CJFE Calls Decision in Source Protection Case an Important Step Forward



    TORONTO, March 17 /CNW/ - Canadian Journalists for Free Expression (CJFE)
welcomes today's positive decision in Ken Peters' appeal case and calls it an
important step forward for the ability of journalists to protect sources to
whom they have promised confidentiality.
    Hamilton Spectator journalist Ken Peters was appealing a contempt
citation on December 1, 2004, when he refused to reveal his source. Peters was
also ordered to pay costs of $31,600 as a sanction for the contempt. The
appeal was heard on January 22, 2008, by Justices Robert J. Sharpe, Eleanore
A. Cronk and Eileen E. Gillese of the Court of Appeal for Ontario in Toronto.
    In allowing Peters' appeal, the Court of Appeal recognized in clear terms
the value of confidential sources to effective reporting in the public
interest. The unanimous judgment also emphasizes the need to follow procedures
that are fair to the journalist and to seek solutions that respect the rights
and interests of all concerned.
    "Achieving this has been a hard-fought battle," said lawyer and CJFE
Board member John Norris, who represented CJFE as an intervenor in the case.
"This judgment will save journalists the tremendous effort and expense of
having to prove the importance of confidentiality all over again each time the
issue comes up."
    The conflict arose from a story that Peters worked on almost a decade
ago. In 1995, Peters received documents about problems at a Hamilton nursing
home. Allegations made against the nursing home subsequently prompted its
operators to file a lawsuit against the City of Hamilton and Halton Region.
    "We are heartened by this decision, which recognizes that protection of a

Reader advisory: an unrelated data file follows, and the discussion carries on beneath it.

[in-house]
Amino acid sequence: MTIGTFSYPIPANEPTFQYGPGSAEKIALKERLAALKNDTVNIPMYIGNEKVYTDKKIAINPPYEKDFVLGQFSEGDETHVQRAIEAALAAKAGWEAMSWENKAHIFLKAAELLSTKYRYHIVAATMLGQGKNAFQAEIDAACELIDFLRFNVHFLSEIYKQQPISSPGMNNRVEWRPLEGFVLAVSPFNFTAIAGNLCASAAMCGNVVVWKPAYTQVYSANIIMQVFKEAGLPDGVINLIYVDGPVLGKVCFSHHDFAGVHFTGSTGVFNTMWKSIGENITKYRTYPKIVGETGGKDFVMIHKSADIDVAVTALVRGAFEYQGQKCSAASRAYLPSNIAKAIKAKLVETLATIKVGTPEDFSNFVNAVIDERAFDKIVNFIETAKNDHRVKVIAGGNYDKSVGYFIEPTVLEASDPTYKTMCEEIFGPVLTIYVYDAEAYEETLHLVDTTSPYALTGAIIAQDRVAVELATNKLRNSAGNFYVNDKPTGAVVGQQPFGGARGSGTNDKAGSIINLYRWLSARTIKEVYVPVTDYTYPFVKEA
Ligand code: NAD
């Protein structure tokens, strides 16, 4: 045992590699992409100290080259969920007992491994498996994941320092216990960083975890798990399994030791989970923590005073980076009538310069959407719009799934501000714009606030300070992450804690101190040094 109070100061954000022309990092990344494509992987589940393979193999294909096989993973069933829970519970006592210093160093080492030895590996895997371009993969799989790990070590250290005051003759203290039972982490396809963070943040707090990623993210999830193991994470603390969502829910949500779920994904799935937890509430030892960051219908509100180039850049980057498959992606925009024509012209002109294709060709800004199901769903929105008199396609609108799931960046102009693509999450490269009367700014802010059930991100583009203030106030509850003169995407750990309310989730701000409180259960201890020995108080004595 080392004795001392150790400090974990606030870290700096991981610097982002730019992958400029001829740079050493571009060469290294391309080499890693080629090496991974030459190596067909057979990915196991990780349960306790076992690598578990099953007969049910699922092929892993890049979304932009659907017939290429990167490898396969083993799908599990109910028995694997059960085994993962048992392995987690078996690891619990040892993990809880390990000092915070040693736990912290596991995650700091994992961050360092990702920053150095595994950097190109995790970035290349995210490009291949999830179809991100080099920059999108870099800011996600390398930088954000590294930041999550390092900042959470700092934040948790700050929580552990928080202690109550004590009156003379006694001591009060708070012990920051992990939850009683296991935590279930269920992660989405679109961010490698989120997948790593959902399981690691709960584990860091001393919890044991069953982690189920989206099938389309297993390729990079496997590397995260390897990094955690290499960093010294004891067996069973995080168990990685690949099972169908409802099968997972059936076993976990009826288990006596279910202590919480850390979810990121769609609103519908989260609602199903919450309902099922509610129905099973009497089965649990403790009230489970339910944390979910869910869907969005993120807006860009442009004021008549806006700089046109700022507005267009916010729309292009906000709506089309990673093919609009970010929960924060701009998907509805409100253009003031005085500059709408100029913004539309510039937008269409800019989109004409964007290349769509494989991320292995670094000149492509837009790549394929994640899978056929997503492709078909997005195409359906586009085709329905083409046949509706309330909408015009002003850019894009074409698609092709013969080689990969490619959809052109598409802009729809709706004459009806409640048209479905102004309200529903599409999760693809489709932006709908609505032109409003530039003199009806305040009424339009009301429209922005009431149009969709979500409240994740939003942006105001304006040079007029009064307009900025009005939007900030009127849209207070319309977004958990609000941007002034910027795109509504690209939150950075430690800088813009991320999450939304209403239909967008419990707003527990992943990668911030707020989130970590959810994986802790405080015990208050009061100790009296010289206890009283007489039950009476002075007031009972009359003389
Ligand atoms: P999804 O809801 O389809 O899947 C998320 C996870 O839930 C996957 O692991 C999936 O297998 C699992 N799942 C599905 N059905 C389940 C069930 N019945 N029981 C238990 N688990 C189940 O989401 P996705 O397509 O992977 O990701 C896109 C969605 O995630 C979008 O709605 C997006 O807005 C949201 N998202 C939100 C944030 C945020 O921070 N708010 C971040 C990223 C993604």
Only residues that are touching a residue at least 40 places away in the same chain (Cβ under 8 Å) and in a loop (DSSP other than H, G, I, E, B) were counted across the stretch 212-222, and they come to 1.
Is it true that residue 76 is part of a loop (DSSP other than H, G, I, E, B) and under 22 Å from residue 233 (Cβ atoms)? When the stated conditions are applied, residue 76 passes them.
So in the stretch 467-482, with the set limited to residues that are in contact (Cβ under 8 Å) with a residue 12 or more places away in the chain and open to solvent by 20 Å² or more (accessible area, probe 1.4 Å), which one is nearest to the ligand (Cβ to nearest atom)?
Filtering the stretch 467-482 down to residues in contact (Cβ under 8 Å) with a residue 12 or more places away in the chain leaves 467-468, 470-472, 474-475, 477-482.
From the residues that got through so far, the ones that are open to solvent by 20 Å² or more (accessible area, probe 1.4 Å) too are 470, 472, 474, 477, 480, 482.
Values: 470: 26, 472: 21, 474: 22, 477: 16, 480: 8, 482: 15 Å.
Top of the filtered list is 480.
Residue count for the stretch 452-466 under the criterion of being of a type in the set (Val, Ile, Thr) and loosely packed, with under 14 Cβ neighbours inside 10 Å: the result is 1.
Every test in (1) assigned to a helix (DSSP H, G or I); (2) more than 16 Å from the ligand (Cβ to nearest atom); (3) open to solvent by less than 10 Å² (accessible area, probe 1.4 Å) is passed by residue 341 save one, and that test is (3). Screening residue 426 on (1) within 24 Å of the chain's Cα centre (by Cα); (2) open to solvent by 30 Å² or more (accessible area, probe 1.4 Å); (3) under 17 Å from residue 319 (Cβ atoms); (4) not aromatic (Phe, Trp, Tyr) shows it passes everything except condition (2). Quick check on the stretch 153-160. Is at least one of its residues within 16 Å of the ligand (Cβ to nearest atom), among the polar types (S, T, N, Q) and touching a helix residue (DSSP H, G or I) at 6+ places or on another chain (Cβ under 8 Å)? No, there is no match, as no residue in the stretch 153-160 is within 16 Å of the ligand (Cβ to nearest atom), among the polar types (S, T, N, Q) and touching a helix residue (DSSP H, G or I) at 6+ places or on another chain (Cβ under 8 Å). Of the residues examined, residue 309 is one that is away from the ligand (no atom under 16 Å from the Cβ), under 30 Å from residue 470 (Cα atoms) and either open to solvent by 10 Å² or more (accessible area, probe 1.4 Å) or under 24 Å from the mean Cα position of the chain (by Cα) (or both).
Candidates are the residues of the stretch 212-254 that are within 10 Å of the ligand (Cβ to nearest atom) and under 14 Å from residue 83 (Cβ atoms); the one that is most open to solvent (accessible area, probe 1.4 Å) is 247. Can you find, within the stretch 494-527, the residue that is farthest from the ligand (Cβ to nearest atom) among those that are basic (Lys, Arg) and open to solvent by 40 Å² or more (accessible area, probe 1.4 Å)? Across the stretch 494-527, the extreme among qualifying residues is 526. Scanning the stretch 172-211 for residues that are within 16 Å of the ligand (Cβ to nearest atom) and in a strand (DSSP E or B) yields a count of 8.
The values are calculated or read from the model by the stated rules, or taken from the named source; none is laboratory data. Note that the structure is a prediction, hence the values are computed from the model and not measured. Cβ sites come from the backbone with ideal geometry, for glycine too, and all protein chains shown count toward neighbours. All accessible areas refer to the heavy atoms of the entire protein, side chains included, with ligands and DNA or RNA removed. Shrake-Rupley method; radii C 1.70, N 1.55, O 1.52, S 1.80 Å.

journalist's ability to maintain the confidentiality of sources is an
important tool in the gathering of news," said journalist Paul Knox, speaking
for CJFE. "Weaken that protection and you cast a chill on journalists and
investigative journalism." Writing for all three Judges, Justice Sharpe also
emphasized the law's recognition of this role when he dismissed the Attorney
General's request that this case be decided without reference to Charter
rights.
    CJFE is encouraged that this latest case supports legal trends which
appear to protect and promote the special role of the news media in a free
society as guaranteed by the Canadian Charter of Rights and Freedoms. We hope
that the resolution of this case will give renewed protection to journalists
in their work.

    Canadian Journalists for Free Expression (CJFE) is an association of more
than 300 journalists, editors, publishers, producers, students and others who
work to promote and defend free expression and press freedom in Canada and
around the world. CJFE has a history of work on cases pertaining to media law
and freedom of expression.





For further information:

For further information: CJFE Manager, Julie Payne at (416) 515-9622 x.
226


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